Clinical Science| Volume 62, ISSUE 1, P152-162, January 2013

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Hepatic glucose production pathways after three days of a high-fat diet

  • Eunsook S. Jin
    Corresponding author. University of Texas Southwestern Medical Center, 5323 Harry Hines Blvd. Dallas, TX 75390-8568. Tel.: +1 214 645 2725; fax: +1 214 645 2744.
    Advanced Imaging Research Center, University of Texas Southwestern Medical Center, Dallas, TX 75390, USA

    Department of Internal Medicine, University of Texas Southwestern Medical Center, Dallas, TX 75390, USA
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  • Sara A. Beddow
    Yale University School of Medicine, New Haven, CT 06515, USA
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  • Craig R. Malloy
    Advanced Imaging Research Center, University of Texas Southwestern Medical Center, Dallas, TX 75390, USA

    Department of Internal Medicine, University of Texas Southwestern Medical Center, Dallas, TX 75390, USA

    Department of Radiology, University of Texas Southwestern Medical Center, Dallas, TX 75390, USA

    VA North Texas Health Care System, Dallas, TX 75216, USA
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  • Varman T. Samuel
    Yale University School of Medicine, New Haven, CT 06515, USA

    VA Connecticut Health Care System, West Haven, CT 06516, USA
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Published:September 14, 2012DOI:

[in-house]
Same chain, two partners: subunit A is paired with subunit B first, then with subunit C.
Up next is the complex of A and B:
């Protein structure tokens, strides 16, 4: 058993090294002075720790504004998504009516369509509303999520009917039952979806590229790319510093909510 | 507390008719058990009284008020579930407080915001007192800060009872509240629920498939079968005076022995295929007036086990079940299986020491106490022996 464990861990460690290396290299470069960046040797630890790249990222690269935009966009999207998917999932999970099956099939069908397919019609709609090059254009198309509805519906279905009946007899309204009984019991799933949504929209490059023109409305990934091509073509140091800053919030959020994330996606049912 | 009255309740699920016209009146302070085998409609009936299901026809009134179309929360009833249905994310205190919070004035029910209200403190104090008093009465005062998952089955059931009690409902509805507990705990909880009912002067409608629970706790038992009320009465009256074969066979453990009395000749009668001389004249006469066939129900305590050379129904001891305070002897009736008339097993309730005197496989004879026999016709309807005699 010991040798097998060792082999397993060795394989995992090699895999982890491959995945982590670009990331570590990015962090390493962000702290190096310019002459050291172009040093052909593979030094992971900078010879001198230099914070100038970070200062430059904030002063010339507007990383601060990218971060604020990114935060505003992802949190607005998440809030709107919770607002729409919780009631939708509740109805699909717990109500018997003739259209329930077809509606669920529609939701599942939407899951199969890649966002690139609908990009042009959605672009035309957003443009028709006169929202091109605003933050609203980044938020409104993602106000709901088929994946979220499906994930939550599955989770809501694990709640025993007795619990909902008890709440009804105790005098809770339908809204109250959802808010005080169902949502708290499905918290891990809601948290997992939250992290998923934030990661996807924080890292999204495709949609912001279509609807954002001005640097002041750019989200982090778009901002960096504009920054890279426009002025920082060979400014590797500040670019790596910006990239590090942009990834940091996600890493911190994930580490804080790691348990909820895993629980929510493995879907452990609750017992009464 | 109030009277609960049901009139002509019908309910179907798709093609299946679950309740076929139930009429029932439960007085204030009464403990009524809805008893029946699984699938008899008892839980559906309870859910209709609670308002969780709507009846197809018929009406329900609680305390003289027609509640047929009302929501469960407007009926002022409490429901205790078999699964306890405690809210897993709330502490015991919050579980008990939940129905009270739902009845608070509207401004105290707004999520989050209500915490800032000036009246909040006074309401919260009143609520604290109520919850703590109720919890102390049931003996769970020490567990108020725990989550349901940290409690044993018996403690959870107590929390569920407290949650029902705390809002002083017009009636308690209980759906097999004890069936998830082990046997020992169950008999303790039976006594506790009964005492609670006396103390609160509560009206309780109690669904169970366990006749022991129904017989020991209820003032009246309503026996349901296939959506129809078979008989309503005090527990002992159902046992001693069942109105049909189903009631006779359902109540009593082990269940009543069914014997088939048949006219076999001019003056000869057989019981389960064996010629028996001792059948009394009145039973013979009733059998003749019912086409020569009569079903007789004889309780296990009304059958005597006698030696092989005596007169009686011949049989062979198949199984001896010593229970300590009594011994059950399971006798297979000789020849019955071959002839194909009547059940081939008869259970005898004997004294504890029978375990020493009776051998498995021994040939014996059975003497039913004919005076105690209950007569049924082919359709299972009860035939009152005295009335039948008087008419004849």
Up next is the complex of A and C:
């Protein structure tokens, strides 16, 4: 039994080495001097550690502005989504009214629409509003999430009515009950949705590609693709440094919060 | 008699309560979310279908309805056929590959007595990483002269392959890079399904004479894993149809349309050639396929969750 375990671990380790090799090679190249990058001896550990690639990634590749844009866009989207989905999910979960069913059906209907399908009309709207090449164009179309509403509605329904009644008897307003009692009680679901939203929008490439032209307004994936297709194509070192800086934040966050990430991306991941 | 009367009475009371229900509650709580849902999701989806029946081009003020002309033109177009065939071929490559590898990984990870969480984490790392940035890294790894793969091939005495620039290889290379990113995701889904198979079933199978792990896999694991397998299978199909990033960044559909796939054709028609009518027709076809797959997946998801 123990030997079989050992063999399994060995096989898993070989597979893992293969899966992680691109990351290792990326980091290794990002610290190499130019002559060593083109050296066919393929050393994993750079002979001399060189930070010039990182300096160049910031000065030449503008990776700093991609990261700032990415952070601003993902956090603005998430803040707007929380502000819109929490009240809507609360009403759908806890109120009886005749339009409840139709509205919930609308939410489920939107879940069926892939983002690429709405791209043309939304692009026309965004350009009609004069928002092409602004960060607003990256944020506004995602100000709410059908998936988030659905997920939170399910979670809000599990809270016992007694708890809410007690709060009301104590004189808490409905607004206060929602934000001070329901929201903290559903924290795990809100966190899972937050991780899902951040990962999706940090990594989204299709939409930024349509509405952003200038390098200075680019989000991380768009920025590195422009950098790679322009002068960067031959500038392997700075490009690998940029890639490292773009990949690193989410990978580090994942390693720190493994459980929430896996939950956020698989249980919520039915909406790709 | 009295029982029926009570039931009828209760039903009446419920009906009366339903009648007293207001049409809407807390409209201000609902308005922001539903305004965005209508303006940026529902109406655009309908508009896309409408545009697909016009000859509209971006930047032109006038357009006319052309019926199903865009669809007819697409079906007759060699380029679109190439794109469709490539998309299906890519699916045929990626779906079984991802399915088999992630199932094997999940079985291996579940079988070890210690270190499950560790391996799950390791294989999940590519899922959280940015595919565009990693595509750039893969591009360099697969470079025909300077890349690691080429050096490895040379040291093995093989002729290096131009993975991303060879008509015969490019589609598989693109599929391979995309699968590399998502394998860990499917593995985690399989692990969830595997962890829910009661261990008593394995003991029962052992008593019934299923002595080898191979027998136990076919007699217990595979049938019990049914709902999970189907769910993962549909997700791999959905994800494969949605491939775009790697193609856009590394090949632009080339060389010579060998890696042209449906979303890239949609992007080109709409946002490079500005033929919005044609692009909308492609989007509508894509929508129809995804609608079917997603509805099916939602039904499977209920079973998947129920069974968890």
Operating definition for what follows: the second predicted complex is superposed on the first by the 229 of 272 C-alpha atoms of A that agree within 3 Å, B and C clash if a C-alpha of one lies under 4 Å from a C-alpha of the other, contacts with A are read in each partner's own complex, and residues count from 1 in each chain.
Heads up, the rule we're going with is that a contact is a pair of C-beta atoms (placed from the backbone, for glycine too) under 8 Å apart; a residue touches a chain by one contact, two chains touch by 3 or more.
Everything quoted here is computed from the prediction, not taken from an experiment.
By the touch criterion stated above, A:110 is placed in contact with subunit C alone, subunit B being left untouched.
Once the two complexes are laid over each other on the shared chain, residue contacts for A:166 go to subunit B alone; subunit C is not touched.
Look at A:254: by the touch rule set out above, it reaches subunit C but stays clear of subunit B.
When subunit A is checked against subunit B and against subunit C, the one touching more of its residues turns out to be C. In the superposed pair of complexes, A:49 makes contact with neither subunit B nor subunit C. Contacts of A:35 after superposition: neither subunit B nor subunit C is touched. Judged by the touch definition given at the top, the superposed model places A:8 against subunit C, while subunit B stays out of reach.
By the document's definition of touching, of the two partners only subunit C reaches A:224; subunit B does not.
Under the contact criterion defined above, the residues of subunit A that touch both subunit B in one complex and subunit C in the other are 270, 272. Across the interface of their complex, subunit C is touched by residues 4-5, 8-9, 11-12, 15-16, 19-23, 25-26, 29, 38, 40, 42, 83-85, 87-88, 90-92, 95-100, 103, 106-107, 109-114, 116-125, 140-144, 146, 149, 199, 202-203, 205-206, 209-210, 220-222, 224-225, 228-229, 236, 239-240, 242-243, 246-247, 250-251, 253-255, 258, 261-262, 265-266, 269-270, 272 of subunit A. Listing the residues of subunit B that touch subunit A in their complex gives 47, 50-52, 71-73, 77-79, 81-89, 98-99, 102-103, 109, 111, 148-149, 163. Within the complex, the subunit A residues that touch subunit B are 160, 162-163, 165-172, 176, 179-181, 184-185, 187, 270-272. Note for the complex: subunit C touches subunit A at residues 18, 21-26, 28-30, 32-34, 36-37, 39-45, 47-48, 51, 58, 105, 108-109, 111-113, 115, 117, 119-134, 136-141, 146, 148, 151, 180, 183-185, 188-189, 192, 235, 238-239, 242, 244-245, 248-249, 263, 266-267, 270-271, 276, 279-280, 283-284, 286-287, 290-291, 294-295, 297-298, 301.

A three-day high-fat diet induces hepatic steatosis and hepatic insulin resistance in rats without altering fasting plasma glucose concentration or the rate of glucose production. However, as the nutrient profile available to the liver is substantially altered by a high-fat diet, we hypothesized that the relative fluxes supporting hepatic glucose production would be altered.


      To test this hypothesis, we used multiple tracers ([3,4-13C2]glucose, 2H2O, and [U-13C3]propionate) followed by NMR analysis of blood glucose to quantify net glucose production and the contributions of glycogen and key gluconeogenesis precursors in 4–5-h fasted rats.


      NMR analysis demonstrated that the majority of blood glucose was derived from glycogen and the citric acid cycle, while a smaller fraction of glucose was derived from glycerol in both controls and high-fat-fed animals. High-fat feeding was associated with a two-fold increase in plasma glycerol concentration and an increase in the contribution (both fractional and absolute) of glycerol-gluconeogenesis. The increase in gluconeogenesis from glycerol tended to be balanced by a decrease in glycogenolysis. The absolute fluxes associated with the citric acid cycle including gluconeogenesis from the cycle intermediates, pyruvate cycling and the citric acid cycle flux itself, were not altered by this short high-fat diet.


      A short term high-fat diet altered the specific pathways for hepatic glucose production without influencing the overall rate of glucose production or flux in the citric acid cycle.


      CS (citrate synthase), DHAP (dihydroxyacetone phosphate), EGP (endogenous glucose production), FBP (fructose 1,6-bisphosphate), FUM (fumarate), F6P (fructose 6-phosphate), GA3P (glyceraldehyde 3-phosphate), GNG (gluconeogenesis), G6P (glucose 6-phosphate), G6Pase (Glucose 6-phosphatase), HFD (high-fat diet), MAG (monoacetone glucose), MAL (malate), ME (malic enzyme), NEFAs (non-esterified fatty acids), NMR (nuclear magnetic resonance), OAA (oxaloacetate), PCR (polymerase chain reaction), PEP (phosphoenolpyruvate), PEPCK (phosphoenolpyruvate carboxykinase), PK (pyruvate kinase), PKC (protein kinase C), ppm (parts/million), PPP (pentose phosphate pathway), SUCC (succinyl-CoA)


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